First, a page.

A QLED set is a step up from traditional LEDs, and displays billions of contrasted colors in full 4K
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If you’re looking for a new TV, you’ve most likely come into contact with a QLED option. And while the features it offers can instantly enhance your viewing experience, it’s important take a minute to get to know what QLED is all about before you go all-in on a new set.
LED, or light-emitting diodes, have been the standard system of lighting in most of the LED and LCD TVs for a while now. So where does the Q come in?
Quantum dot display, or QLED, is a display device that uses quantum dot filters between the LED backlight and LCD layer, as well as semiconductor nano-crystals, which can produce pure monochromatic red, green, and blue light. Basically, a QLED TV matches the format of a cinema screen, delivering a beautifully vivid palette of full color. The big LED lights in back illuminate the pixels in front, and since the light passes through the pixels, this is known as a Transmissive TV.
The 4K HD resolution is just the beginning of what a QLED has to offer. Contrasting is hyper-localized to each area, balancing darks and lights for a result that dazzles in depth perception and realistic viewing. Generally, a QLED TV will have better color display capability than a regular LCD, boosting brights and blacks while still relying on an LED backlight, bringing out over a billion hues and shades of colors with deep darks and scintillating lights.
Each backlit LED lights up a big quadrant of pixels, which can come in especially handy if you’ve got your set in a room with any natural light coming in. QLED specializes in adjusting to the perfect brightness, even when you’re watching in full daylight.
OLED is a bit different, and is built primarily by LG using organic materials (Sony and Panasonic also manufacture OLED TVs using LG’s panels). While QLED’s pixels are lit from the back or sides, OLED pixels are each individually lit, meaning that they light up only when the picture calls for it, and are otherwise off – or “absolute black.”
Since an OLED set is incredibly thin, its light source is closer to the screen, meaning you can view it from almost any angle and not lose the picture quality. Instead of just a few LEDs lighting up the QLED, the OLED has millions of tiny light points. QLED can be up to twice the brightness of an OLED, however, as the light source is a bit farther away.
A big downside to OLED though is that, much like your first PC in the late Eighties, they’re prone to “burn-in,” where an image can be permanently melded into the screen forever (or at least for an extended period of time). This is only in extreme cases though, such as pausing on a static image or watching a channel with the same logo in the same place for multiple hours a day. It’s also the reason Samsung stopped making OLED TVs years ago, and switched to using OLED in their phones instead (since our phones’ screens are constantly going on and off, and are replaced more often than TVs).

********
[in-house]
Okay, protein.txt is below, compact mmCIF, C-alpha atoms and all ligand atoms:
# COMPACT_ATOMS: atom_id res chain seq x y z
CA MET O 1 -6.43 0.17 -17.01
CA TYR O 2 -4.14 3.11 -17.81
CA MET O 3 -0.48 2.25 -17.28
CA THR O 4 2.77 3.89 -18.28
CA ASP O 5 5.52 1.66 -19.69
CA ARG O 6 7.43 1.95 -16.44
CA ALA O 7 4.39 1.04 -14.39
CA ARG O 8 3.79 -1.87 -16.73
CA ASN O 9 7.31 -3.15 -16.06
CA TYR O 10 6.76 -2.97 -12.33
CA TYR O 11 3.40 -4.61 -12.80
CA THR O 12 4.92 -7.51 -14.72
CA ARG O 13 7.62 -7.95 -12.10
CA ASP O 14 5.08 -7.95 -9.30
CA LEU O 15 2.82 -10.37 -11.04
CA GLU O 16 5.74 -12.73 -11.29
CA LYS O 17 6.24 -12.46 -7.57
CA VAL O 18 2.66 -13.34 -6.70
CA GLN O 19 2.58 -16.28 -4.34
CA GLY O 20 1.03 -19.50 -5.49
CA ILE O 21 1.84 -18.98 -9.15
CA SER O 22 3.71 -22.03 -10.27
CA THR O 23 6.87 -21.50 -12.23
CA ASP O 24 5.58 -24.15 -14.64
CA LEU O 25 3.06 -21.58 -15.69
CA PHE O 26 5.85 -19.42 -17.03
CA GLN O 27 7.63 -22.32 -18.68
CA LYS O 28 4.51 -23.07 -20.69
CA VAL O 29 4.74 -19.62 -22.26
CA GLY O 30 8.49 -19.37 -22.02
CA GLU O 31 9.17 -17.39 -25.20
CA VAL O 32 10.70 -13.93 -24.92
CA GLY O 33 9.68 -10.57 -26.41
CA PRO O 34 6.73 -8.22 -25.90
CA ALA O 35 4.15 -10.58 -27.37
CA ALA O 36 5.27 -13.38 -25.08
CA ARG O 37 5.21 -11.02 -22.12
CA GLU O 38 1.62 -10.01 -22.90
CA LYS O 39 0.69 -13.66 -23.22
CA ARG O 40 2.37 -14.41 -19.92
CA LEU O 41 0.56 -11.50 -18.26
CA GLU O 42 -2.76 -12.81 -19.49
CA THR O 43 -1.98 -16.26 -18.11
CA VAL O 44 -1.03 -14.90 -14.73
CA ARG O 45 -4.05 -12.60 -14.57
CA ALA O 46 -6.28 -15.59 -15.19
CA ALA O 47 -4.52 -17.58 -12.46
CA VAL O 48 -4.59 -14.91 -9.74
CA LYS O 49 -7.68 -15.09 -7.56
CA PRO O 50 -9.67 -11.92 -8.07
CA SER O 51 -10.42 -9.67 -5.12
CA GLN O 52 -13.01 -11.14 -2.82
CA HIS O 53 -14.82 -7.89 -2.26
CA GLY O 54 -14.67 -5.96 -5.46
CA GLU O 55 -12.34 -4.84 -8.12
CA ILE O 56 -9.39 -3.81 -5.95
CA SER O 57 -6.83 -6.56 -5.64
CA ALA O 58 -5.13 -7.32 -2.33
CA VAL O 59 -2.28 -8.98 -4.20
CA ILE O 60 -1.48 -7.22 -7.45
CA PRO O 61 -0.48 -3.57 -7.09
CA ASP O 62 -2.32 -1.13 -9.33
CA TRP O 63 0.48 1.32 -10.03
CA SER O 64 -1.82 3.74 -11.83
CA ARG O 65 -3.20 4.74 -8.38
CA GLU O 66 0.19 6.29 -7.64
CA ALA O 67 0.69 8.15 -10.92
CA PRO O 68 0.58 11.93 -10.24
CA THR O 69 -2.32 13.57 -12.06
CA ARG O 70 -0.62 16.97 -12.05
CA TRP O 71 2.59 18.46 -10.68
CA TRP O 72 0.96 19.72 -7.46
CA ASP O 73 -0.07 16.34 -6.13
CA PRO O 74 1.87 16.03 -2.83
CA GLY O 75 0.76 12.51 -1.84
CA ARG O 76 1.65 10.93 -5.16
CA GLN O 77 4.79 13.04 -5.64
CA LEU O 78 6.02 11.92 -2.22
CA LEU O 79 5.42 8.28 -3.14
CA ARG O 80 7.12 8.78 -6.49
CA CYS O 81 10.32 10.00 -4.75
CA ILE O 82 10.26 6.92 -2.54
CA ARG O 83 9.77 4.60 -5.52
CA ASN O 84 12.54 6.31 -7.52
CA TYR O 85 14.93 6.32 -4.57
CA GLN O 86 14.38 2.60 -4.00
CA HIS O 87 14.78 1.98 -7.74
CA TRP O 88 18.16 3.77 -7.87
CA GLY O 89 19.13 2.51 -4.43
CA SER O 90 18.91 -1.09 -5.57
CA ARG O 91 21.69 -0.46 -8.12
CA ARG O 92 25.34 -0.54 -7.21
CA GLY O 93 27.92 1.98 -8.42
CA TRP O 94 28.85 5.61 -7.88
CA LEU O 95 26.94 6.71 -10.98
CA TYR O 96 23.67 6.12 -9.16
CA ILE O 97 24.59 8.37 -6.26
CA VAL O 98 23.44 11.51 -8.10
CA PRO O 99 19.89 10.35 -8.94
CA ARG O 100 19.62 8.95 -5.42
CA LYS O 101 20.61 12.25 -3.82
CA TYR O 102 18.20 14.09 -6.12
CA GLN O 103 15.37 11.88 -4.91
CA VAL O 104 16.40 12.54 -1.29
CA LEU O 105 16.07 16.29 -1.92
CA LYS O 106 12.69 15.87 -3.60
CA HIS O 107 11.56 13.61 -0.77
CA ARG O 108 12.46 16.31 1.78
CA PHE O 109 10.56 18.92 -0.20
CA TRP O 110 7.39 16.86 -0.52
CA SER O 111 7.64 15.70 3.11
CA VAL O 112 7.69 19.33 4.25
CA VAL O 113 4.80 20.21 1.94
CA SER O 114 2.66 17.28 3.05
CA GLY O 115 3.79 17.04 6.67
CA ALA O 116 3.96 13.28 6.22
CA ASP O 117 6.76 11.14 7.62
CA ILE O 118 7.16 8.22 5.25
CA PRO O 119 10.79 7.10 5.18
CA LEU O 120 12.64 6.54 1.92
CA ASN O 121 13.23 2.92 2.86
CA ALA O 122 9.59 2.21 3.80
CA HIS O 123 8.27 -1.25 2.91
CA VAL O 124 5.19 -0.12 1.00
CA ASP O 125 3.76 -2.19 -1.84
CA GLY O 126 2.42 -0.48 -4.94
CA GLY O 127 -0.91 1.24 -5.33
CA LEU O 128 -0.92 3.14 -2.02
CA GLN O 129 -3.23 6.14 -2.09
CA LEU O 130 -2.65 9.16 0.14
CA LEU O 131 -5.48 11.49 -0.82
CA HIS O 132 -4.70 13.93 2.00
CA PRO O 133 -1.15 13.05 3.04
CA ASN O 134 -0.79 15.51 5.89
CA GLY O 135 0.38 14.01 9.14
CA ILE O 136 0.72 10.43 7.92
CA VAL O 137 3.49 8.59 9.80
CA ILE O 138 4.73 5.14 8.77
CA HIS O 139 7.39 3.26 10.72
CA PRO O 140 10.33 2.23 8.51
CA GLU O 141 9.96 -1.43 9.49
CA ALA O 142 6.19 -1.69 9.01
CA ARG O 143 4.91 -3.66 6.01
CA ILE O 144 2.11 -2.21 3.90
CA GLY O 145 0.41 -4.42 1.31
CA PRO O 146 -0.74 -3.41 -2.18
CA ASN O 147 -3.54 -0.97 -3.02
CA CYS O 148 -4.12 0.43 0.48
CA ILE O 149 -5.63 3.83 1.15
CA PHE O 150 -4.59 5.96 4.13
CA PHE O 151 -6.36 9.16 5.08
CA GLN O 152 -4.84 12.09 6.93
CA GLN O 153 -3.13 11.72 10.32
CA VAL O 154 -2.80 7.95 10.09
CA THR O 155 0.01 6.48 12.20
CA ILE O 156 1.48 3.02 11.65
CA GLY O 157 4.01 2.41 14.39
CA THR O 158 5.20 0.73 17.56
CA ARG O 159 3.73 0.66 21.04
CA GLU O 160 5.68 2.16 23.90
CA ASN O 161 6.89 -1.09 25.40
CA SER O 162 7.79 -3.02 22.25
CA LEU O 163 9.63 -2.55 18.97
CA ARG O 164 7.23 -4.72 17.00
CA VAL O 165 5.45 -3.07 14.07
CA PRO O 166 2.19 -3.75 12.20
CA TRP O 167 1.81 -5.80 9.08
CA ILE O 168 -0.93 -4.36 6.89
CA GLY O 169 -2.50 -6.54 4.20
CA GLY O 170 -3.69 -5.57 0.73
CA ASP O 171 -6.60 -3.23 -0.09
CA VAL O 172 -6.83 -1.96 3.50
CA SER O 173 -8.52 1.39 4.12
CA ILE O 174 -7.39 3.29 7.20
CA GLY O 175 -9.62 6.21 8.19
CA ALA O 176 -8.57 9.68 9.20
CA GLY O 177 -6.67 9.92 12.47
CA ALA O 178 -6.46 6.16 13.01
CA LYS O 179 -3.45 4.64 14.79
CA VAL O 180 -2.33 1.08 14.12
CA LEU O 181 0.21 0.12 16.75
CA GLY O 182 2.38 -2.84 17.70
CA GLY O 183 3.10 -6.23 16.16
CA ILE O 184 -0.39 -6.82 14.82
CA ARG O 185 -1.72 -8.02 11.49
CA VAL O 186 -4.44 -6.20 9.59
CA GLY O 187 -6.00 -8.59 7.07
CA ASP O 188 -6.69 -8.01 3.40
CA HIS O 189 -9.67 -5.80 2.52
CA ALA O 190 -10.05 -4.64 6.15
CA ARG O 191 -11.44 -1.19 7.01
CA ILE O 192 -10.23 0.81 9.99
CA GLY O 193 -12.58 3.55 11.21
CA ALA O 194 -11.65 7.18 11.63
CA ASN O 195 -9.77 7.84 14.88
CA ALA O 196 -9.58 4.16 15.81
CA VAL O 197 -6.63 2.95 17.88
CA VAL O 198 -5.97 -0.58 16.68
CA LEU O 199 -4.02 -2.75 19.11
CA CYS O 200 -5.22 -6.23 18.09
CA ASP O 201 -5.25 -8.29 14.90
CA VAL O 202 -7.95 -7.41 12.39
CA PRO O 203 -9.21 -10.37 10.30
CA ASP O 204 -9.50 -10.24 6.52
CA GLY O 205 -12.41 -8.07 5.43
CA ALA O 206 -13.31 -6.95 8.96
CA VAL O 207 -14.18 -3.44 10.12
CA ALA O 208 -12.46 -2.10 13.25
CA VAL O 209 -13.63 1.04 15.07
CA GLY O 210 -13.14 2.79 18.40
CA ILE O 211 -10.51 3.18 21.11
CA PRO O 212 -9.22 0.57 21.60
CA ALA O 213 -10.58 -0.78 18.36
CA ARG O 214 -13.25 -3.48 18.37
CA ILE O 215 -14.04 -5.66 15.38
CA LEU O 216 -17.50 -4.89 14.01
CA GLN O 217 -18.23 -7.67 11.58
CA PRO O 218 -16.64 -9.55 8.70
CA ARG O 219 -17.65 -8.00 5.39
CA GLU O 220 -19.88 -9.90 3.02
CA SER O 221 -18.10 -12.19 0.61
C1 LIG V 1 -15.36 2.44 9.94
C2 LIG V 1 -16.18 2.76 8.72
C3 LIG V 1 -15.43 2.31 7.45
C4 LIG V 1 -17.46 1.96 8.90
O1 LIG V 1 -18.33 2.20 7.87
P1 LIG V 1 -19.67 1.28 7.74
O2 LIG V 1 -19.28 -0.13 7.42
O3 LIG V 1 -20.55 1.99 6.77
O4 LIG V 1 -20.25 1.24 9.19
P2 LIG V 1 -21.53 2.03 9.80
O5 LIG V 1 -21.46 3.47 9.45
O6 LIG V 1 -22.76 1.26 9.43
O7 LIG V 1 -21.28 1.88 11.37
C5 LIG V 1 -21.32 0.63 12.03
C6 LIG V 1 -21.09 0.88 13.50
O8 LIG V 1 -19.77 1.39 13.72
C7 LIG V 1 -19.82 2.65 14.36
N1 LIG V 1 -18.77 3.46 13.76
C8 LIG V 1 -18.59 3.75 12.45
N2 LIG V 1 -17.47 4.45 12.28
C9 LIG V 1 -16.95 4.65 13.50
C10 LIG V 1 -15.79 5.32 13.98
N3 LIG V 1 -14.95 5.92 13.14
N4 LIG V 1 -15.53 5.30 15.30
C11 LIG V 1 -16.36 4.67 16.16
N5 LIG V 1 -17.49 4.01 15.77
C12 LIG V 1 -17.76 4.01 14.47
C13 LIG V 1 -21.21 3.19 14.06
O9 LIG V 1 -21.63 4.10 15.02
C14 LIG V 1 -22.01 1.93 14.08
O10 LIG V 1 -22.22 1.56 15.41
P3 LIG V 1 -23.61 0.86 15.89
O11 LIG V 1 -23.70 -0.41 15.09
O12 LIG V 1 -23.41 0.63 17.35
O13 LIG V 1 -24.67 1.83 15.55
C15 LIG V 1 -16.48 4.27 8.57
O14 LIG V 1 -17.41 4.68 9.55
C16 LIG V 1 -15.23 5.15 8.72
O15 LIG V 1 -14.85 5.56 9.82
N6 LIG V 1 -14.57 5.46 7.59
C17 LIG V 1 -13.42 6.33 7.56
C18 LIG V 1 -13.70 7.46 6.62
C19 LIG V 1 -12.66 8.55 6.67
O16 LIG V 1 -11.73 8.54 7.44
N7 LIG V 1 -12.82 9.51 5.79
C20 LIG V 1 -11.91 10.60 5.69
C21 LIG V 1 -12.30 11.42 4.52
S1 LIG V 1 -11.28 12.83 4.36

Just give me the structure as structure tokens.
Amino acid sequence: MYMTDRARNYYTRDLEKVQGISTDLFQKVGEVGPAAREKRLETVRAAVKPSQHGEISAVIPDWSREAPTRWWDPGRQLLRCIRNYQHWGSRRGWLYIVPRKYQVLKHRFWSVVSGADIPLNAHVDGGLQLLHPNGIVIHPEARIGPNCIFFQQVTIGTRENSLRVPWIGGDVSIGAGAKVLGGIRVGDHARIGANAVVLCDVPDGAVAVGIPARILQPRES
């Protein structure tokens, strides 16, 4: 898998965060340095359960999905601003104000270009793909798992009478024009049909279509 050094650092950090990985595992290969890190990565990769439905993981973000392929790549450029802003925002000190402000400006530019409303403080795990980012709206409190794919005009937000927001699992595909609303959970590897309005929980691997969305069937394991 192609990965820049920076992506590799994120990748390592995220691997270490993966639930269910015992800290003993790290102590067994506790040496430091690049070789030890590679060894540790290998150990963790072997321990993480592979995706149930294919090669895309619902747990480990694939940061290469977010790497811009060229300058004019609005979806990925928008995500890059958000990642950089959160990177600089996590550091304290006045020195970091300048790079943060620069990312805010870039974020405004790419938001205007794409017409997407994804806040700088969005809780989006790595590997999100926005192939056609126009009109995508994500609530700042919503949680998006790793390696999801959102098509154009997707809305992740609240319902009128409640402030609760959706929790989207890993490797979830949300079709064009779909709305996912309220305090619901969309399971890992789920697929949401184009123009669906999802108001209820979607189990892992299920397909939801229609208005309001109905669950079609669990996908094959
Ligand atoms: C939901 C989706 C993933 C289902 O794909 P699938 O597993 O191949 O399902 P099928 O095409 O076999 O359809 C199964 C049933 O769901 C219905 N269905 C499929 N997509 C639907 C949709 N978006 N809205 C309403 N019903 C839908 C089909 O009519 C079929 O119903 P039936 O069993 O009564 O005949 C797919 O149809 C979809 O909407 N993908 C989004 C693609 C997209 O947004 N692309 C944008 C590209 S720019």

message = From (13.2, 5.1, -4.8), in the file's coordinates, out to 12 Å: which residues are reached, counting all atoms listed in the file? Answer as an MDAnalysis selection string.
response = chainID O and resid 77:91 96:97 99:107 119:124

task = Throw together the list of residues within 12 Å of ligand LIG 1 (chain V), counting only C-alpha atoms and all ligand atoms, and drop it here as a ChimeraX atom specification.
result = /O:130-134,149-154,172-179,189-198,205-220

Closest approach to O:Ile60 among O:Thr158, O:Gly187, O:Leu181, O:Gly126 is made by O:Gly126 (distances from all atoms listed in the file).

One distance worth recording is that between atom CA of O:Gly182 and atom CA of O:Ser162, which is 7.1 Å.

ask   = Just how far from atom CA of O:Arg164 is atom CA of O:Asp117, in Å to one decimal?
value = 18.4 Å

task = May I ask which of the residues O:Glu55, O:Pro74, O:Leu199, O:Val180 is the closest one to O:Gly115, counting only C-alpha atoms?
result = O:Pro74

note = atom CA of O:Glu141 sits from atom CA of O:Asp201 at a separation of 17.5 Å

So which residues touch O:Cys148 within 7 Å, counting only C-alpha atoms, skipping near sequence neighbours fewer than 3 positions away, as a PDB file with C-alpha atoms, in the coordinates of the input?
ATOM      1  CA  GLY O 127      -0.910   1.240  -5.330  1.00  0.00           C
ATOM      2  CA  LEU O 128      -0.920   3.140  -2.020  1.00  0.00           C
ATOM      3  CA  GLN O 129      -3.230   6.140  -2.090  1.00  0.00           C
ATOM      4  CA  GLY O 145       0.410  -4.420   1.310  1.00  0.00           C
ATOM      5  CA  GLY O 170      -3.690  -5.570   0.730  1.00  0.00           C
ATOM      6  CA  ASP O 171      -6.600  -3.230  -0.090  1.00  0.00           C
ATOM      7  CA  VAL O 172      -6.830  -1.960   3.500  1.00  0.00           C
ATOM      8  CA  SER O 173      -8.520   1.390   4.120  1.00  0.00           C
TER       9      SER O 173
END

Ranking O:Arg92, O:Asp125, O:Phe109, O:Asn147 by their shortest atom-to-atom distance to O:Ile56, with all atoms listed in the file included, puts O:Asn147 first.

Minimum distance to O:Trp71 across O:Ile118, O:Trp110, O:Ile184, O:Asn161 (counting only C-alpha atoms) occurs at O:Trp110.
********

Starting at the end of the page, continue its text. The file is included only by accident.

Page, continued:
Both types of TVs are 4K, but the tech that’s lighting up the picture is what the big difference is.
If you’re looking for the best QLED TV though, there are only two main options in the marketplace right now. We’ve highlighted both and reviewed their top features below.
Roku is automatically integrated into this sleek and stunning QLED TV by TCL. You’ll instantly notice the colors coming to life, with bigger brights and crisper contrast, thanks to TCL’s Contrast Control Zone tech, which individually optimizes the image across up to 120 zones. The resulting lights and deeper blacks almost resemble an OLED TV, with full edge-to-edge viewing and no banding or dark corners.
The included Roku remote is refreshingly simple, and operates on signal instead of IR, meaning that you can aim it from pretty much anywhere, no matter what’s in your way – even from another room. It’s also voice-activated (and compatible with Alexa and Google AI), and can search the entire Roku database with a simple spoken command.
HDR Pro Gamma significantly improves High Dynamic Range performance in any setting, especially gaming. With a low-latency input lag and full support of HDR, games look amazingly realistic and immersive.
At 37 pounds, the unit’s got some heft to it with a wide footprint, and is probably better situated on a steady stand than hanging on the wall. Design-wise, the brushed metal frame looks solid and modern, and the thickness allows room for multiple ports: 4 HDMI (one with HDMI ARC), USB, RF, composite, headphone jack, optical audio out, and Ethernet.
Samsung’s approach to the QLED TV is simple: The brighter a picture is, the more true to life it is. From the start of designing this set, Samsung understood that we’re not always watching our movies in perfect cinematic conditions (I.e. in a completely dark room). Even with curtains closed, some daylight still gets through, and that shouldn’t mess up your movie experience.
This set keeps that in mind. The 100% color volume lets you play with the intensity of over a billion colors, making the picture’s palette really pop in any lighting.
The Bixby voice command software is quick and helpful, while the smart-settings allow for the option of connecting to other devices in your home.
It also goes way beyond movie-viewing as well thanks to its Real Game Enhancer feature. Sports and video games are infused with realism that makes images incredibly crisp and realistic, without that annoying blurring or lag.
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